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Single chip serves as satellite front-end

Posted: 11 Nov 2005 ?? ?Print Version ?Bookmark and Share

Keywords:Silicon Labs?

Satellite receivers typically feature complicated board layouts with many components, including a tuner, demodulator, and a power supply chip, and all of the associated routing of signals between these chips. These designs are challenged by having to avoid noise and interference on the PCB traces. The team at Silicon Laboratories decided to streamline these functions, and integrated the tuner, demodulator, and power supply chip into a single IC, known as the SiRX family of satellite front-ends.

"The end result is that we have cut the number of external components, provide better reliability and manufacturability, and enable better consistency across multiple PCBs," explained Mark Thompson, Silicon Laboratories' Director of Marketing. "In addition, we've solved a sourcing/inventory issue, because all three chips are typically not supplied by the same vendor."

This company likes to set the bar high for its designers, though, so integrating a high-performance satellite L-band RF tuner, a dual-mode DVB-S/DSS digital demodulator and a power-efficient, step-up supply controller for the low-noise block converter (LNB) into a single 6-by-8mm CMOS solution was not going to be enough. They also wanted industry-leading sensitivity and linearity specs as well in order to pick up very weak signals under adverse conditions yet still maintain consistent performance even at high signal levels. As a result, input power ranges from -81dBm to -18dBm, and the third-order intercept point (IP3) is typically 15dBm.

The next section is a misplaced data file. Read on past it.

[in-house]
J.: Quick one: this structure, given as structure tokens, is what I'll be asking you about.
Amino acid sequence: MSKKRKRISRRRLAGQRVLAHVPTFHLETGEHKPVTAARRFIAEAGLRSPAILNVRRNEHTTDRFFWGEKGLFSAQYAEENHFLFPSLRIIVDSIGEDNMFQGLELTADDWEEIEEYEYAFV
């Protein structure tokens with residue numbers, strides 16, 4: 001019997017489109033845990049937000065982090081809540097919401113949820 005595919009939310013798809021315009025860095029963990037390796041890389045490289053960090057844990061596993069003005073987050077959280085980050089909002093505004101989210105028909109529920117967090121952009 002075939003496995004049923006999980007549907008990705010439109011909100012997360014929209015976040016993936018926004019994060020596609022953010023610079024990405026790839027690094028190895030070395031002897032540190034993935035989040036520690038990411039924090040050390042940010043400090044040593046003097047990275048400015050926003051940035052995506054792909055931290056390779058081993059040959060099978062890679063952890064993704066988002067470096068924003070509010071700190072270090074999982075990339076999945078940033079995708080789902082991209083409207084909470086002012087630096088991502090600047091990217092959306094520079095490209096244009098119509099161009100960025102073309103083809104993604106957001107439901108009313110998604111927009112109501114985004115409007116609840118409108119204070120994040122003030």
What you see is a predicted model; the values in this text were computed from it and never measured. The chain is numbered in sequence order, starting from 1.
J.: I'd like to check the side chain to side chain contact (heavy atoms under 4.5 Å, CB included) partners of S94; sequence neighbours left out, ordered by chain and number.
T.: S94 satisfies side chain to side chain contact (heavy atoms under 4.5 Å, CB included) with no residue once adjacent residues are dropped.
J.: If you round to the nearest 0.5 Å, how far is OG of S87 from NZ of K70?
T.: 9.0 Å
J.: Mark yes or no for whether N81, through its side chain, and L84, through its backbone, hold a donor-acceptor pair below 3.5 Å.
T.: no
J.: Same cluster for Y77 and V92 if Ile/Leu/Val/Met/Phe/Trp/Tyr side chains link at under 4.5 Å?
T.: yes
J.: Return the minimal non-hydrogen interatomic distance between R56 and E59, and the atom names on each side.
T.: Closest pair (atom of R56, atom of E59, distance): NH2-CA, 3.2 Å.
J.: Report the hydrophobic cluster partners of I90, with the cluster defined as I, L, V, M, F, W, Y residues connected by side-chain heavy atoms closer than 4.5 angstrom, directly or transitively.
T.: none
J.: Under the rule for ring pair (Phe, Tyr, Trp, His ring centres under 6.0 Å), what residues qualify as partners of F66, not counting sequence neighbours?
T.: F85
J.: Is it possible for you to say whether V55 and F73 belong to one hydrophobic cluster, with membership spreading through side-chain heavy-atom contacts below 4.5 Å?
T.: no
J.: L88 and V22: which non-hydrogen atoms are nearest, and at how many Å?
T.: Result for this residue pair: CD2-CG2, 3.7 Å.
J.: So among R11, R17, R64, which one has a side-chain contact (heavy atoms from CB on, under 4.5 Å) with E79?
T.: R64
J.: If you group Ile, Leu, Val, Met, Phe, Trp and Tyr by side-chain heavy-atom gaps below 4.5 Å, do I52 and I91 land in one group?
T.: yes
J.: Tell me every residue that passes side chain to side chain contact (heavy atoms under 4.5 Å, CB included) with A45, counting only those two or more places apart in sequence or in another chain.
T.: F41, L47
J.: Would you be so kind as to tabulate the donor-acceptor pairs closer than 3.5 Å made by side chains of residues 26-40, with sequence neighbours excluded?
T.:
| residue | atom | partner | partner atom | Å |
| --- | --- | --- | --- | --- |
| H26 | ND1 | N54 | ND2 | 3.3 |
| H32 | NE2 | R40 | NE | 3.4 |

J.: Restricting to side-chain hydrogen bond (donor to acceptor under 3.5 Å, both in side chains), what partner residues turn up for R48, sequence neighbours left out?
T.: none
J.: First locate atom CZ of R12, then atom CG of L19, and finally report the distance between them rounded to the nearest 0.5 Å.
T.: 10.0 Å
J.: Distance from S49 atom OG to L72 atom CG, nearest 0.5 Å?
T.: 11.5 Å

So, what were the major design challenges with this product? "Achieving the high level of integration while maintaining best in class performance," reports Thompson. "We managed to do this by taking advantage of other Silicon Laboratories' designs and leveraging our core technologies and intellectual property into this product design."

What Thompson is referring to is the company's growing portfolio of integrated, mixed-signal designs in CMOS. The company has focused specifically on developing four key competencies: digital low-IF technology, minimizing digital-to-analog cross talk, RF CMOS expertise and power management expertise. When combined with the company's presence in the STB market, the SiRX products seemed like the next obvious design to take on. It is targeted at all free-to-air (FTA) and pay-TV DBS equipment including satellite STBs, PC cards for satellite TV, DBS receivers for automotive or avionic use, DVD recorders, and digital TVs with integrated satellite receivers.

This product is especially noteworthy because of its effect on the BOM, and its ability to provide high levels of performance across a range of satellite applications. The company is making an evaluation board available as well as a layout/schematic, access to application engineers, and field applications support.

Samples of the SiRX family are available in a 6-by-8mm, Pb-free, RoHS compliant 44-pin QFN package with full production in the second quarter of 2006. Pricing for the Si21xx devices starts at $7.37 in quantities of 1K. Evaluation board kit $150.

- Janine Love


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